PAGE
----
HOW TO DO AN ELIMINATION DIET AND WHY EVERYONE SHOULD TRY ONE
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Do you have a food intolerance? You may have mystery issues that seem to come and go, or lingering brain fog and fatigue that you just can’t shake. The answer to those nagging problems might be on your plate. Learning how to do an elimination diet may be the key to uncovering underlying food sensitivities.
Estimates vary widely, but experts say that as much as 20% of the population suffers from a food intolerance.
People are becoming more and more aware of intolerances to common foods like gluten and lactose, and those who identify their food sensitivities can see amazing results simply by avoiding those foods.
An elimination diet is an easy way to identify food intolerances. If you’re wondering how to do an elimination diet, you’re not alone. Once you understand the basic premise, it’s easy to put together an elimination diet meal plan.
WHAT IS AN ELIMINATION DIET?
An elimination diet is a way to test yourself for food sensitivities.
There are different types of elimination diets. For example, some people feel better after eliminating gluten and dairy for a few weeks, while others might follow a stricter FODMAP elimination diet to manage symptoms of irritable bowel syndrome (IBS). Talk to your doctor before you try an elimination diet.
In general, you want to completely avoid common foods known to cause sensitivities, then reintroduce the eliminated foods into your diet one at a time. The goal is to identify whether certain trigger foods might be causing inflammation, headaches, skin issues or other side effects.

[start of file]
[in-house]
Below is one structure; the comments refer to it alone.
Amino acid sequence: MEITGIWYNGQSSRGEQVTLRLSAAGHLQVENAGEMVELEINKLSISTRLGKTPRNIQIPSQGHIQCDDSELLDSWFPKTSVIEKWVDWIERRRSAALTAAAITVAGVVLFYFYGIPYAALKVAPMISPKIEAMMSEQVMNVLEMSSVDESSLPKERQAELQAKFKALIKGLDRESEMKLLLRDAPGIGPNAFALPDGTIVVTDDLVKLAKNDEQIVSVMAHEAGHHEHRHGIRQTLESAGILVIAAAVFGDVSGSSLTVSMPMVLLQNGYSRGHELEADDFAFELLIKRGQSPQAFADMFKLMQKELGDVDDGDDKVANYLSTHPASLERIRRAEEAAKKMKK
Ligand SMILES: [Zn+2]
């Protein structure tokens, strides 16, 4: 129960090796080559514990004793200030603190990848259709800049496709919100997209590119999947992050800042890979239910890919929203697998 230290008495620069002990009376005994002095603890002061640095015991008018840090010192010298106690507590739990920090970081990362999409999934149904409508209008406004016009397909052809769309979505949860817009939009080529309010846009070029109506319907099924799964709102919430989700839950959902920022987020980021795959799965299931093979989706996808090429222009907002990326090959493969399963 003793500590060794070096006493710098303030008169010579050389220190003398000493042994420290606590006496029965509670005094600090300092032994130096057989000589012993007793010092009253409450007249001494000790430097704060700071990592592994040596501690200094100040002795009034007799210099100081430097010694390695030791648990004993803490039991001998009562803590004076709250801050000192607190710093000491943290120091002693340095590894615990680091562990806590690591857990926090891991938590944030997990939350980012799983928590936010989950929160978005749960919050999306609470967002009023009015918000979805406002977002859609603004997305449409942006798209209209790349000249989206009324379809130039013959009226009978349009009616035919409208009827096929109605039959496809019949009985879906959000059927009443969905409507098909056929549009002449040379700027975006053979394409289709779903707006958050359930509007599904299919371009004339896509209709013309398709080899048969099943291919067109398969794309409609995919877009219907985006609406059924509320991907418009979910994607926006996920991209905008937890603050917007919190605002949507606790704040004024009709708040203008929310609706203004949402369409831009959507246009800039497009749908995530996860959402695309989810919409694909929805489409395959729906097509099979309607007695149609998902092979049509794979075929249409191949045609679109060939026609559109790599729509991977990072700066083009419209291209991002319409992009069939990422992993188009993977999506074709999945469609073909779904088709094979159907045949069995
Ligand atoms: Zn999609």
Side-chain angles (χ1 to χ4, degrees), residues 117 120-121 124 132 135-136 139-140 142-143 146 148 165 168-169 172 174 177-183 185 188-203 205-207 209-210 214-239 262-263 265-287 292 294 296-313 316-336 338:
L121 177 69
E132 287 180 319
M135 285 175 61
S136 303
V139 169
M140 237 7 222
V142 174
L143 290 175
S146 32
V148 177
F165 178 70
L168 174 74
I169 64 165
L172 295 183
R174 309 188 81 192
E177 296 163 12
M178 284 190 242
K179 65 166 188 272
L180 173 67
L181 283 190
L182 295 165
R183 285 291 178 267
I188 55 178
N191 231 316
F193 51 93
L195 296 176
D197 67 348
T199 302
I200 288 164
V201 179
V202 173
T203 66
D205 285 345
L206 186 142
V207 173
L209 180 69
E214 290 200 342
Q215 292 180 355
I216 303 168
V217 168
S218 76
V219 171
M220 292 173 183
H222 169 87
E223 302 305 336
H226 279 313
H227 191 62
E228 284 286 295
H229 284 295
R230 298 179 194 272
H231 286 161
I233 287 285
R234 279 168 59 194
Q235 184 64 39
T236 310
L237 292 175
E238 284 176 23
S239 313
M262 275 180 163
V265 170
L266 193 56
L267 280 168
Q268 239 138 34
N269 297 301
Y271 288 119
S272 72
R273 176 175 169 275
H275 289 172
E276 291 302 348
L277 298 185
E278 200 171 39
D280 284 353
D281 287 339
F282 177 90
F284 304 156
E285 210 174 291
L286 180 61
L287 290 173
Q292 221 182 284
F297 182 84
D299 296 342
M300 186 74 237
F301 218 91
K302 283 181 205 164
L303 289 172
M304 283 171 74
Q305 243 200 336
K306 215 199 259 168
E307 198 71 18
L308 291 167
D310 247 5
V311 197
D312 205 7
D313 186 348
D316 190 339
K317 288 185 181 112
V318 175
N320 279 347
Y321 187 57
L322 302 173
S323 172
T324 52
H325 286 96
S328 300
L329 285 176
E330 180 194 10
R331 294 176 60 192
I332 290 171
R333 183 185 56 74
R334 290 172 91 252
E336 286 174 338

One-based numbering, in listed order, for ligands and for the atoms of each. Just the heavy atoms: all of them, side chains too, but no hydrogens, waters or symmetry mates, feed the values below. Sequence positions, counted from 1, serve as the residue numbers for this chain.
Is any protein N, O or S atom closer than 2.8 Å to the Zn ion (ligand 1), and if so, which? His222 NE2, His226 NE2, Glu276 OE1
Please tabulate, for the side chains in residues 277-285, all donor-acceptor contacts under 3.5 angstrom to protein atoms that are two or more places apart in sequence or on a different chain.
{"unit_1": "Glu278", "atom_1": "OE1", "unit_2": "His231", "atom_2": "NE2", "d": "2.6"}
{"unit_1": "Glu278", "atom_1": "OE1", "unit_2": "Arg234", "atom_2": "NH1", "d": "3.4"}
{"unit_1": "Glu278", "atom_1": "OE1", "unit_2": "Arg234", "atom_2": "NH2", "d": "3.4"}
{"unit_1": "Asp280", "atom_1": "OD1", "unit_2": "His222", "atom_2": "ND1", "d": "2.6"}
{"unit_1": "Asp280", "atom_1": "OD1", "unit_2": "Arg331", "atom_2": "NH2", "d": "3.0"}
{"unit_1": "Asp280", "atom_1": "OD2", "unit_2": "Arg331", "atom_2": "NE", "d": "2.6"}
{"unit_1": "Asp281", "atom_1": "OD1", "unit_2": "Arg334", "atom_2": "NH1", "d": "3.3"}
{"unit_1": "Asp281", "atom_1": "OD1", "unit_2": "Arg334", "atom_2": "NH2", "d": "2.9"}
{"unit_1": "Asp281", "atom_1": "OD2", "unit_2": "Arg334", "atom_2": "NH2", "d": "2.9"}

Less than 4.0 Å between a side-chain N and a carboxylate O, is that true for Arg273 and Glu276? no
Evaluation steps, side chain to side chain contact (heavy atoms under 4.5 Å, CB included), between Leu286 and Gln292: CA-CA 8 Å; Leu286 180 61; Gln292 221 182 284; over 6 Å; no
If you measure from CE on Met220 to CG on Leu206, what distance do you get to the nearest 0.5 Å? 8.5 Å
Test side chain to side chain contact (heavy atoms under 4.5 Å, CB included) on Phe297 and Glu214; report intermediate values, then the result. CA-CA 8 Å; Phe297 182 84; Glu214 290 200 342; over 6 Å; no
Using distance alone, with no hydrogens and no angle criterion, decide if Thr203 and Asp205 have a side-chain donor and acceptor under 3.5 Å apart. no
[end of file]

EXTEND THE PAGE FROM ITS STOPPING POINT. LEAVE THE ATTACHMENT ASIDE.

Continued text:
By eliminating that food from your diet for a period of time, you might discover that you sleep better, think more clearly and just feel more like yourself. This process may initially feel complicated or restrictive, but it could lead to improved overall health and wellness in the long run.
For many people, an elimination diet is the gold standard to identify the foods that don’t work with their system. Maybe you don’t need to abandon carbohydrates—maybe you just need to cut back on sugar or gluten to feel your best. Good news: You can find a delicious variety of foods, snacks and supplements made without gluten, artificial sweeteners, soy or dairy, like Bulletproof Collagen Protein Bars.
SIGNS OF FOOD SENSITIVITIES
You might think of food allergies as the instantaneous, life-threatening type. Typical to allergens like shellfish and peanuts, this allergic response causes a massive release of histamines in the body, leading to swelling of the lungs and throat.
However, not all food allergies and intolerances are this severe. Reactions to allergens can range, and in some people, signs of food intolerances are barely noticeable or not noticeable at all.
In fact, you might blame your issues on something else entirely. Gluten, for example, can cause some people to simply feel tired, which may not immediately be a red flag. Some of these less noticeable reactions to foods include: